Four men leading the £600 million transformation of Birmingham’s New Street station and the Pallasades shopping centre gathered together for the first time to see how work is progressing.
Construction started on the New Street Gateway project two years ago, but this week was the first opportunity for the four partners involved to go onto the building site and see for themselves how it is going.
Whilst there, they also turned the first sod to mark the start of construction work on the new John Lewis store which will anchor the revamped Pallasades and bring 650 jobs to the city.
City council leader Sir Albert Bore; John Lewis managing director Andy Street; chief executive of Network Rail David Higgins, and Mark Reynolds, deputy chief executive of construction company Mace, all said they were delighted with how the scheme was progressing.
The massive project is on schedule and passengers will be the first to get a look at the new station when the first section of the revamped concourse opens next spring.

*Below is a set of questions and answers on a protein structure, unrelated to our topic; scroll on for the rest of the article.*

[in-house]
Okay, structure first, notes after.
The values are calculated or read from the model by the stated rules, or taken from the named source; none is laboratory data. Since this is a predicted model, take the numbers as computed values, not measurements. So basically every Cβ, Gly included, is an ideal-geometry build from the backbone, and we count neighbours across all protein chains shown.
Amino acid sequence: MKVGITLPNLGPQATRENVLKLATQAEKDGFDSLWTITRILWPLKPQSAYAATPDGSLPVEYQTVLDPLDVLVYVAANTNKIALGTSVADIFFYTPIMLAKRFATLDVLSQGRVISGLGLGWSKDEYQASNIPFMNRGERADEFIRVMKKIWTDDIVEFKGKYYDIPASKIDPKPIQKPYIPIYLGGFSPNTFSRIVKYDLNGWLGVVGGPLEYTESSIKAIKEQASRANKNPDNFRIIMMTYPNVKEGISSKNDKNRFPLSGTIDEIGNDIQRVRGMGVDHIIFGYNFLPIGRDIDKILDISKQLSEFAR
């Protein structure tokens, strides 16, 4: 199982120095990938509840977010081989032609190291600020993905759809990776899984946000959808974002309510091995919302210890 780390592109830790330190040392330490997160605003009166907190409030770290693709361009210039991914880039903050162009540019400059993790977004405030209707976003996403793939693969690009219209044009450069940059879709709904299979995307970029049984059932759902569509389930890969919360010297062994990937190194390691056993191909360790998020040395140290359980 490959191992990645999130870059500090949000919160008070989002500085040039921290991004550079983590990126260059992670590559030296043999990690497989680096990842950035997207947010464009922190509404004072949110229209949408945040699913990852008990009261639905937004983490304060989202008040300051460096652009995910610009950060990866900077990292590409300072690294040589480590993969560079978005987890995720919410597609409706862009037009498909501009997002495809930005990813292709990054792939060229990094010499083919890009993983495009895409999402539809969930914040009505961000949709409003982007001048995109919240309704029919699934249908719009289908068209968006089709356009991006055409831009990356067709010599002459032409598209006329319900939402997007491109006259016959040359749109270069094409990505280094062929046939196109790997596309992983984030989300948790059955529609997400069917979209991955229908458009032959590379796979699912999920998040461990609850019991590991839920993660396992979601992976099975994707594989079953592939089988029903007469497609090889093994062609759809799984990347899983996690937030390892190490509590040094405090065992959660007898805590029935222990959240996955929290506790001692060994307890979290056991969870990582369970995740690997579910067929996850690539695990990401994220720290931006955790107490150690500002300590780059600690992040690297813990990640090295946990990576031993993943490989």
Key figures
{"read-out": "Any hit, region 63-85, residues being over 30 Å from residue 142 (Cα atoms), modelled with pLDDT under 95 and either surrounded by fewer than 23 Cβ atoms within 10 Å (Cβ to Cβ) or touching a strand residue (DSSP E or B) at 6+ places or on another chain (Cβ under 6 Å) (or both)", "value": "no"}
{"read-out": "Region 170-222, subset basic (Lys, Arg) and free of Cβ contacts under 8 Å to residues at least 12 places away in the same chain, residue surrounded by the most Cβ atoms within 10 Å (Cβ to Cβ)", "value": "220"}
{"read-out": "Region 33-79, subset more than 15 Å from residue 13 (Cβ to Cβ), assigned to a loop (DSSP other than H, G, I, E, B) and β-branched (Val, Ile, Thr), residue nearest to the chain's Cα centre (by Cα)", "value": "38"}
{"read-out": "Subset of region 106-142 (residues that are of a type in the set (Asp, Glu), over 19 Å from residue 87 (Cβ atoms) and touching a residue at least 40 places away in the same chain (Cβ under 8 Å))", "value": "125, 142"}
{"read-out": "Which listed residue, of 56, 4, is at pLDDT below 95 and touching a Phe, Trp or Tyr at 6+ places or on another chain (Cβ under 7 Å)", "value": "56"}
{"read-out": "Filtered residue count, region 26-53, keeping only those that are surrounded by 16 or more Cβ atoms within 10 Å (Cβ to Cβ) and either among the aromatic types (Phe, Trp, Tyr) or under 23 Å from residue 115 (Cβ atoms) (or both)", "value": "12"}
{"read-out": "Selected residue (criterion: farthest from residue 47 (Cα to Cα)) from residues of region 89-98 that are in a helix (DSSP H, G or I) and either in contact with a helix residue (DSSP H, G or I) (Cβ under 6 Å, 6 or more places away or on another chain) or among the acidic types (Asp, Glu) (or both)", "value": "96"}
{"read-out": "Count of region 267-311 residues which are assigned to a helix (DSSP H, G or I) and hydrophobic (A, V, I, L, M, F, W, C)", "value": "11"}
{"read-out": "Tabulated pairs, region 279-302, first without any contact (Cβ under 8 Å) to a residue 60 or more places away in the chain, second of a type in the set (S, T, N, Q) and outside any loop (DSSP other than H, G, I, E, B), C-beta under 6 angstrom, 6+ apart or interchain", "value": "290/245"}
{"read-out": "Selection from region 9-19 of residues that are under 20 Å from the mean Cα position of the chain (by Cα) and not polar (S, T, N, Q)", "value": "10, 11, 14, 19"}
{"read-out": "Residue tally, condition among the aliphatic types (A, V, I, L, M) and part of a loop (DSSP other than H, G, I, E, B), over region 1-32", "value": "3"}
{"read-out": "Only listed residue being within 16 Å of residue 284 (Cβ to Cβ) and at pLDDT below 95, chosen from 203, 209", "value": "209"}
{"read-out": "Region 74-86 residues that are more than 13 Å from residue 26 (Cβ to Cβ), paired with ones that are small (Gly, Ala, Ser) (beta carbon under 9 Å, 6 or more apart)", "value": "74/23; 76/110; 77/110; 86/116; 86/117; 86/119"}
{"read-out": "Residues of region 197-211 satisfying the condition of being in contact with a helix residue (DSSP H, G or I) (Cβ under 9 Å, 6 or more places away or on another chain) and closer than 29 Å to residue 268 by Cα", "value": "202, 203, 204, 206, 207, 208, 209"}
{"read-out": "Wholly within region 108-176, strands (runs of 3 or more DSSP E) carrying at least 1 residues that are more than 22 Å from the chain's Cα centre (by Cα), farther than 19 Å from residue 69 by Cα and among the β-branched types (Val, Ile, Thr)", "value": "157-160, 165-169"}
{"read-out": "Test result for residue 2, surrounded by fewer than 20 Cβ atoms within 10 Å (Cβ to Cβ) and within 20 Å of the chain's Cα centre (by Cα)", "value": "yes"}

John Lewis is due to open in autumn 2014 and the entire station is due to be completed by 2015.
Throughout the work, New Street station is remaining open with trains running as normal.
Mace boss, Mr Reynolds, said this meant the project was one of their most complex to date.
“Because 90 per cent of the UK trains are affected by any disruption at New Street, we obviously have to keep disruption to a minimum,” he said.
“This is one of our most challenging transport projects and at its height we had 90 managers and over 300 members of staff working here.”
City council leader Sir Albert Bore, who was in opposition when the work began, had his first chance to tour the site. He admitted to being blown away by the sheer scale of the engineering challenges facing the team.